As global rates normalize, the stock of negative-yielding bonds has shrunk – but is still over $6 trillion; Turkish and Argentine euro bonds found their bids for now; U.S. investment grade spreads tighten, even as yields rise.
A decade ago, at the start of the global financial crisis, negative interest rates were mostly seen as theoretical curiosities. But a mere two years later, at the start of March 2010, the market value of corporate and sovereign debt with yields lower than zero was over $425 billion. By June 2016 the market value of bonds with negative yields touched just over $12.1 trillion1, thanks to massive central bank QE programs and investor demand for so-called safe haven holdings.
These pressures had central banks setting their reference rates below zero, in effect charging banks for the privilege of leaving their reserves on deposit, in exchange for central bank backing. Once those bank reference rates were set, issuers followed suit with bonds priced such that their yields to maturity were less than zero. And as these rates rippled through markets, the unimaginable became commonplace.
But since that $12.1 trillion peak, the market value has fallen nearly by half, to roughly $6.25 trillion as of September 24. And as shown in the accompanying chart, the fall during the past year or so alone has been some $3.85 trillion. By comparison, the value of the Fed’s entire reserve balance sheet was $4.24 trillion as of September 21, suggesting the magnitude of the decrease is on the scale of the actions of global central banks.
Source: Bloomberg. Index: Bloomberg Barclays Global Aggregate Negative-Yielding Debt Index. September 24, 2018. Past performance is no guarantee of future results. Indexes are unmanaged, and not available for direct investment. Index returns do not include fees or sales charges. This information is provided for illustrative purposes only and does not reflect the performance of an actual investment.
The reduction in size is the result of several factors, not least of which is the rise of interest rates in much of the world’s bond markets – which have driven down some bond values and helped bring some positive-coupon bonds back above water. And since the average maturity of the negative-rate bonds is about three years, the fall-off could accelerate as more bonds mature and the European Central Bank (ECB) begins reducing its bond-buying program in October.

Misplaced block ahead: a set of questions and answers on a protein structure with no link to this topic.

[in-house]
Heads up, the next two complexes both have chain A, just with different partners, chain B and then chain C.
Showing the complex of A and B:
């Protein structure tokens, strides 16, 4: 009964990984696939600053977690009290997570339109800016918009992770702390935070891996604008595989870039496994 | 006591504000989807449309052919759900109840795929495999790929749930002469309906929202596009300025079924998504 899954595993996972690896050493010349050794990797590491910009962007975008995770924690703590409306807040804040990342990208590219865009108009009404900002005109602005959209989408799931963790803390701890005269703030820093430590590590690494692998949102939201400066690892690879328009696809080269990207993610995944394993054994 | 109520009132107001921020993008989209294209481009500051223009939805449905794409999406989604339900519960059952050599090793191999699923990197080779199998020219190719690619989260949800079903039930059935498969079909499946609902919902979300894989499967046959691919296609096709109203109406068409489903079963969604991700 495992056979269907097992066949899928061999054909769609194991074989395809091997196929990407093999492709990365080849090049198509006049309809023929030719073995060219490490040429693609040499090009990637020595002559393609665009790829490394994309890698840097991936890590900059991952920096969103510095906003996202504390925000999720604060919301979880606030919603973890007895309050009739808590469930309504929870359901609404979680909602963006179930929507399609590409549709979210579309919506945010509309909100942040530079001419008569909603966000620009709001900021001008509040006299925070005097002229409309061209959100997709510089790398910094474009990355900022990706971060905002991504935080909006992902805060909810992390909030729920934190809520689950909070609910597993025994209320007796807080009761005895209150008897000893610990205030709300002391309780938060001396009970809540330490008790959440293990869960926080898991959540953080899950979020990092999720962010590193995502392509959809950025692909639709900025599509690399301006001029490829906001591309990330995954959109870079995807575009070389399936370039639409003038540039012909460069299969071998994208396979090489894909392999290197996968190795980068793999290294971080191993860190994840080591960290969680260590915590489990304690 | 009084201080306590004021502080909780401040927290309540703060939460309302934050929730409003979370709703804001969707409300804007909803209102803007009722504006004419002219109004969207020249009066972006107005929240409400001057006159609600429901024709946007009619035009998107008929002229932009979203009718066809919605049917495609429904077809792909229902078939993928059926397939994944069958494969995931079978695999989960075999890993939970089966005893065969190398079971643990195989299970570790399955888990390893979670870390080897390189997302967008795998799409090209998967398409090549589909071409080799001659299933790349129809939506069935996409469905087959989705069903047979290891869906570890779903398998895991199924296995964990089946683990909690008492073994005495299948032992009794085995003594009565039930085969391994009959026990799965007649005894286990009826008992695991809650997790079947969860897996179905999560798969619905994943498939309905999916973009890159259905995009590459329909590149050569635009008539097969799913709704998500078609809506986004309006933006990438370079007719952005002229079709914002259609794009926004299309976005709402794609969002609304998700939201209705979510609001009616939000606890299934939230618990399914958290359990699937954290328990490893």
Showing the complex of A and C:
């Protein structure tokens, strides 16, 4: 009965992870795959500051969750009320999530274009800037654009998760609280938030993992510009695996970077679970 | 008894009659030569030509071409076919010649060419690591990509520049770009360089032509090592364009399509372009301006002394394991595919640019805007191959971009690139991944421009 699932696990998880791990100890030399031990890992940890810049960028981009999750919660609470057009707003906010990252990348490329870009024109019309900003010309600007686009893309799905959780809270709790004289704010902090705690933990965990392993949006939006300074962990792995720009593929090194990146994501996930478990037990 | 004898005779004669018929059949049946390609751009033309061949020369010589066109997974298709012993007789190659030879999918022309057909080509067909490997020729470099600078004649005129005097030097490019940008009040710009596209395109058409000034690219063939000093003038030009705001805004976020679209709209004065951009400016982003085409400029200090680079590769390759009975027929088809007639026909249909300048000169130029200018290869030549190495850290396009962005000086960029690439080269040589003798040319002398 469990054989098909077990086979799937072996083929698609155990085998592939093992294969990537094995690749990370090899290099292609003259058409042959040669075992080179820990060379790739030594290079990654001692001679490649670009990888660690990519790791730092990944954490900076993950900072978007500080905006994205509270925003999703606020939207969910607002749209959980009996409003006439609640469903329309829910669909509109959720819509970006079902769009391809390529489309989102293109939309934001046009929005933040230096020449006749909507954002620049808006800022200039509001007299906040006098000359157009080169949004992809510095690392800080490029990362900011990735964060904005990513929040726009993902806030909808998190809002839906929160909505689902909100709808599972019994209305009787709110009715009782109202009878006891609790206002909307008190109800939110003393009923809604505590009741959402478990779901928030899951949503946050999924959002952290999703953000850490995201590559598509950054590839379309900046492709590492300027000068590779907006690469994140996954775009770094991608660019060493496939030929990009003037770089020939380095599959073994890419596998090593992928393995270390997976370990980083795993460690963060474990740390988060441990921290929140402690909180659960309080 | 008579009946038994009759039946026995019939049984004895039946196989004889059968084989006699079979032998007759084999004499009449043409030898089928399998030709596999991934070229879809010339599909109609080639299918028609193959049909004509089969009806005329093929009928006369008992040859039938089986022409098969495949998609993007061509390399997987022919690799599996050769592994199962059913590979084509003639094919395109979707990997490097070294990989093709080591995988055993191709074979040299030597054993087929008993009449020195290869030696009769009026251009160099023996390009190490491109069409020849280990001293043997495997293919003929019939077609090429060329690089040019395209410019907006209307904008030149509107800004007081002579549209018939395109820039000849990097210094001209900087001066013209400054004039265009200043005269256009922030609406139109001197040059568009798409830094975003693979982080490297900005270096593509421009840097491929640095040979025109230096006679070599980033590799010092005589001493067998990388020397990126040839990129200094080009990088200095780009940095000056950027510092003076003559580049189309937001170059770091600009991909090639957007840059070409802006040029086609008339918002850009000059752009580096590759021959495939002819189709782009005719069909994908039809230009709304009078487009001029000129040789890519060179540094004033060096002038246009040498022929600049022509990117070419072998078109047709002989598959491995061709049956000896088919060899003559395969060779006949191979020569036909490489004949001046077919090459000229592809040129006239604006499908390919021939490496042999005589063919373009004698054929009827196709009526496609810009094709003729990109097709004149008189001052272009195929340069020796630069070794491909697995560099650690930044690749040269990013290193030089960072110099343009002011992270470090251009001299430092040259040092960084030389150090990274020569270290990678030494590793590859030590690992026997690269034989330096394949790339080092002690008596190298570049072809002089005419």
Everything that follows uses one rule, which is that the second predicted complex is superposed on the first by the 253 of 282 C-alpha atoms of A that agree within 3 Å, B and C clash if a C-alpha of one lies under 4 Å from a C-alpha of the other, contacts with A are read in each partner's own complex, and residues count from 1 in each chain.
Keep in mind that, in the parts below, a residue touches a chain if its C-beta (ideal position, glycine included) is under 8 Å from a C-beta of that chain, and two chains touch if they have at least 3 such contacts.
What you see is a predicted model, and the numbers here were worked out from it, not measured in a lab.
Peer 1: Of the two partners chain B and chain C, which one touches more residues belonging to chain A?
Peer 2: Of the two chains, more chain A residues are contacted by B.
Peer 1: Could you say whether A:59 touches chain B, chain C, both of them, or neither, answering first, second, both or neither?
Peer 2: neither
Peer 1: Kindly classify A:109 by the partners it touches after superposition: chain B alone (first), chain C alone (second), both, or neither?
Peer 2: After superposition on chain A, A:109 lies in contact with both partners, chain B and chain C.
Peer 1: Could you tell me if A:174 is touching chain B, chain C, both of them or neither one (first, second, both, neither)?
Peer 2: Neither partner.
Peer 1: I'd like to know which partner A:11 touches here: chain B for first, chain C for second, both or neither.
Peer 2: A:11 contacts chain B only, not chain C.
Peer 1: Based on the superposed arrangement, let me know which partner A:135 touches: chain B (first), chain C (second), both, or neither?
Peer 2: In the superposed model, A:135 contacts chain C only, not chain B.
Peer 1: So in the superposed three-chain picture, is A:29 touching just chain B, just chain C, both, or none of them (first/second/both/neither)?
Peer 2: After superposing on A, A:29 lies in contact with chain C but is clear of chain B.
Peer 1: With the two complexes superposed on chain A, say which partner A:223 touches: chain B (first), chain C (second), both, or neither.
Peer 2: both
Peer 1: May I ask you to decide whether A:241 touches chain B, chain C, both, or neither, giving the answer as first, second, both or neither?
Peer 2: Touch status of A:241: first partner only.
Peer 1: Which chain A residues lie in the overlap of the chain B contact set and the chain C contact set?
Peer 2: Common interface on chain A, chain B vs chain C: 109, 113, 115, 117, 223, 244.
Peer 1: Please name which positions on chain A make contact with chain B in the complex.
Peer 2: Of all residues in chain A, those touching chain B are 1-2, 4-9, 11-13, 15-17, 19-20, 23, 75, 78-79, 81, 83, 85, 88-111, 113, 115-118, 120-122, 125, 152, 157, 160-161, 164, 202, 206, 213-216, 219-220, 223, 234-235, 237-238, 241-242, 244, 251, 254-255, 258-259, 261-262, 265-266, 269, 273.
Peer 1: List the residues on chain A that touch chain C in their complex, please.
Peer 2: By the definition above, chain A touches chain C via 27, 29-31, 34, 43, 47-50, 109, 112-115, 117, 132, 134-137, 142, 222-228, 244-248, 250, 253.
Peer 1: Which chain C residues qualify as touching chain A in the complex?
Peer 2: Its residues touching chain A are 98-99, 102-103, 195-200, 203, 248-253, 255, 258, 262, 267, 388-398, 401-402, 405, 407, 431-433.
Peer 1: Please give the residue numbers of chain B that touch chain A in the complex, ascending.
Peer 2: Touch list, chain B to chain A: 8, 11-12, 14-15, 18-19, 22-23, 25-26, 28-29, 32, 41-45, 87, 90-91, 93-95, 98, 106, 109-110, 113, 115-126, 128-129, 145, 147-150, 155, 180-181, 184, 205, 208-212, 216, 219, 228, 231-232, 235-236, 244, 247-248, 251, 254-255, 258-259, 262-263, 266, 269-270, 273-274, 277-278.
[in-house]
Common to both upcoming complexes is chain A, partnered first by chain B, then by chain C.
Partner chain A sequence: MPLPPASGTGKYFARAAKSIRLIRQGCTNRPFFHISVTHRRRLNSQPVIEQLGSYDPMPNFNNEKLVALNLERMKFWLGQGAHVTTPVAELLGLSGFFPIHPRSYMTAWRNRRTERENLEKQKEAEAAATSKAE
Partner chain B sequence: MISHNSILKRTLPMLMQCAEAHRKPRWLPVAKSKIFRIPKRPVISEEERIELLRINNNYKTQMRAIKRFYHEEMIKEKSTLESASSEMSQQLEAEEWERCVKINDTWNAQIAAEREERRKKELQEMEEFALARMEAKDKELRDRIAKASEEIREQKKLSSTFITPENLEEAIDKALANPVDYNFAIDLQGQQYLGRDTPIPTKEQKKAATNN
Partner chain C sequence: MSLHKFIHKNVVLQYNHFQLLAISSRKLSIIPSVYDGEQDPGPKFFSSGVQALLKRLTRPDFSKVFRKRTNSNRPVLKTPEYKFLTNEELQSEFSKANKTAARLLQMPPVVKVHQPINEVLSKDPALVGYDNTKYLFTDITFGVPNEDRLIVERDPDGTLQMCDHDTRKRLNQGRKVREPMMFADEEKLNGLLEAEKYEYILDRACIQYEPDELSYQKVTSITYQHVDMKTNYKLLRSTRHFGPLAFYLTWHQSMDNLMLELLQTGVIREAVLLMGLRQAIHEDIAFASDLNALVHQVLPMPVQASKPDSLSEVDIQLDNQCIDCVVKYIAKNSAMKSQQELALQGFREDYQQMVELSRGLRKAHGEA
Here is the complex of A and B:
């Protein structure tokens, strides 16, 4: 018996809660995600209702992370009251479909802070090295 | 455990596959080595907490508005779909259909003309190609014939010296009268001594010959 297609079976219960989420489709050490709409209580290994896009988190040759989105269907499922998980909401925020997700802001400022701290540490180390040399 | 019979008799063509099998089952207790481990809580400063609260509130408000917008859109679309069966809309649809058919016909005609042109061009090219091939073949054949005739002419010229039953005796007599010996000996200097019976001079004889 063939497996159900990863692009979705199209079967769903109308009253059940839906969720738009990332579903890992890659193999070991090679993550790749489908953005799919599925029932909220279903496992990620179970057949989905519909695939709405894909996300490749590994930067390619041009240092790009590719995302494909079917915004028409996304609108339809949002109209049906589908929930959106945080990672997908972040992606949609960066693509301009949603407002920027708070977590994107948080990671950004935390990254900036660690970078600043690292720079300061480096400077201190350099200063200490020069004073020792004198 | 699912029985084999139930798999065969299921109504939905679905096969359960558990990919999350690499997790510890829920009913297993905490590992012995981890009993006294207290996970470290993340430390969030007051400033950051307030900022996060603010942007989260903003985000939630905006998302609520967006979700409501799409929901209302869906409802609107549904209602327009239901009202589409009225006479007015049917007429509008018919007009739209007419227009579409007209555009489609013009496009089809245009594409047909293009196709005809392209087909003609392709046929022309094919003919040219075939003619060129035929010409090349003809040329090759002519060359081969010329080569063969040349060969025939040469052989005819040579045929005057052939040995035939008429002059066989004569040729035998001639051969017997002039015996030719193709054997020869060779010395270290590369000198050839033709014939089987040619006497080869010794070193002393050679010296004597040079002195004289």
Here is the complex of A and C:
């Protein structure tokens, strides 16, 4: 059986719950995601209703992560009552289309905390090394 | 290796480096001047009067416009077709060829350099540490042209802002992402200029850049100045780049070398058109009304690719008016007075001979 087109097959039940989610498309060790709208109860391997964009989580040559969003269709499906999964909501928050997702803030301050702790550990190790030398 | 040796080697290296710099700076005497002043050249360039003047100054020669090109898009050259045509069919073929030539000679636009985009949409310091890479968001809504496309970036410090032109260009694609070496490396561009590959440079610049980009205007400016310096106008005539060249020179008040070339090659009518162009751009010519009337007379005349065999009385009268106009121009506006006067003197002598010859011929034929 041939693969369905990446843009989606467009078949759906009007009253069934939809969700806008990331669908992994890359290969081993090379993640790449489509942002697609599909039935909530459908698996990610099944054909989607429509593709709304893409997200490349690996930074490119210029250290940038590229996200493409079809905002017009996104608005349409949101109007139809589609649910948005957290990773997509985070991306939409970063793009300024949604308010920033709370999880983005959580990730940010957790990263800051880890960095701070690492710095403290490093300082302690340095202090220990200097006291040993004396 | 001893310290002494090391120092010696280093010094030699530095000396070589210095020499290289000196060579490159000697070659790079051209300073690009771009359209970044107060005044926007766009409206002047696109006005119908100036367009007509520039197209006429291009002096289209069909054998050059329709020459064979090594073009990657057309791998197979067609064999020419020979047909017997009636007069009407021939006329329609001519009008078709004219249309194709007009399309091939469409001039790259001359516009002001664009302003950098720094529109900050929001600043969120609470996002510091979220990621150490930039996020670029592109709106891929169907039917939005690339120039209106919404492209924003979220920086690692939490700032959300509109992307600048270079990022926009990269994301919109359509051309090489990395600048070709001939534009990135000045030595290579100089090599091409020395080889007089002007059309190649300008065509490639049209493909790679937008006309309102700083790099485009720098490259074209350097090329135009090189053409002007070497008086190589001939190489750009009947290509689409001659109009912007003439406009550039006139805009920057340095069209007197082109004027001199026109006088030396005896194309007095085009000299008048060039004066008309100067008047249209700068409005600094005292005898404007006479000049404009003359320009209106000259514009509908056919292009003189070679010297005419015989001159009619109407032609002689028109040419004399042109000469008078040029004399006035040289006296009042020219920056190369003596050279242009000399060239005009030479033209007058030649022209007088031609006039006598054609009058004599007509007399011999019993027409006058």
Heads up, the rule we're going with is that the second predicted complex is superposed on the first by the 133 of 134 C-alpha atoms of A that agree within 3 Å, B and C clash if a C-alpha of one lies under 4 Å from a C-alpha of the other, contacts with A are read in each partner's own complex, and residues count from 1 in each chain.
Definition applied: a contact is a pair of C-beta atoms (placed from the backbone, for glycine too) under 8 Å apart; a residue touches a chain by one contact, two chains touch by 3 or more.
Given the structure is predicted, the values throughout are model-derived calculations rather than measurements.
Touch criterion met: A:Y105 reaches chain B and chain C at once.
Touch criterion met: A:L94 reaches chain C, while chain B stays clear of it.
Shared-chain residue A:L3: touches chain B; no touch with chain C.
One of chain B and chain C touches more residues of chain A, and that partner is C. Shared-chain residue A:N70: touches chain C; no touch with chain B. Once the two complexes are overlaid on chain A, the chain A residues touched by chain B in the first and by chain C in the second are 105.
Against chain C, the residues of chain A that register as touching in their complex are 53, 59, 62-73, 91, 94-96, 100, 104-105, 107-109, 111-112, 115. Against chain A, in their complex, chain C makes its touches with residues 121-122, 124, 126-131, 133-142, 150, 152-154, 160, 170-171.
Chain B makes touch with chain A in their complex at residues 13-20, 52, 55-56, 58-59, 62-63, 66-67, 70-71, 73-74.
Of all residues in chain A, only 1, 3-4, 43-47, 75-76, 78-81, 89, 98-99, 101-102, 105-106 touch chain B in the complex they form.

All of which suggests that the Fed’s interest rate and balance sheet decisions, while critically important to the world’s economies, aren’t the only forces at work to change the size and nature of the world’s fixed income markets.
On the Rise: Turkish and Argentine Euro Bonds
The dramas surrounding these EM countries are far from over, with the head of Argentina’s central bank resigning abruptly in the midst of negotiations with the IMF and Turkey beginning to talk of trimming domestic expenditures. But euro-denominated bonds issued by these emerging market economies are showing signs of life, suggesting that some value-oriented investors whose base currency is the euro are willing to step up.
There’s more pain possible as Argentina attempts a by-the-book, bond-market-oriented recovery, and Turkey continues to dig in its heels while playing to a domestic audience at the expense of a global one. But that does suggest it could potentially be worthwhile to continue to monitor these markets before consensus opinion improves.
Source: Bloomberg, September 24, 2018. Past performance is no guarantee of future results. Indexes are unmanaged, and not available for direct investment. Index returns do not include fees or sales charges. This information is provided for illustrative purposes only and does not reflect the performance of an actual investment.
On the Slide: U.S. Investment Grade Corporates
The yield-to-worst of the U.S. Investment-Grade (IG) index2 has climbed steadily so far this year, pausing briefly at about 4.1%. Some investors have been asking whether this might be an early signal of a deterioration of credit quality or economic conditions at the margin.
The market appears to have an answer: at least for now, prices are consistent with the belief that credit quality in the IG space is doing fine. The option-adjusted spread for this index has been moving down steadily since the end of June, reaching 107 basis points on September 24, This suggests that the rise in yield of the IG Index is due more to the rate environment, rather than second-order effects on the economy. In the new rate environment currently unfolding, it remains unclear whether that optimism will continue.
All data Source: Bloomberg, September 25, unless otherwise indicated.
1 Source: Index: Bloomberg Barclays Global Aggregate Negative-Yielding Debt Index.
2 Bloomberg Barclays U.S. Corporate Bond Index
The Bloomberg Barclays US Corporate Bond Index measures the investment grade, fixed-rate, taxable corporate bond market.
The Bloomberg Barclays Global Aggregate Negative Yielding Debt Market Value Index measures the stock of debt with yields below zero issued by governments, companies and mortgage providers around the world which are members of the Bloomberg Barclays Global Aggregate Bond Index.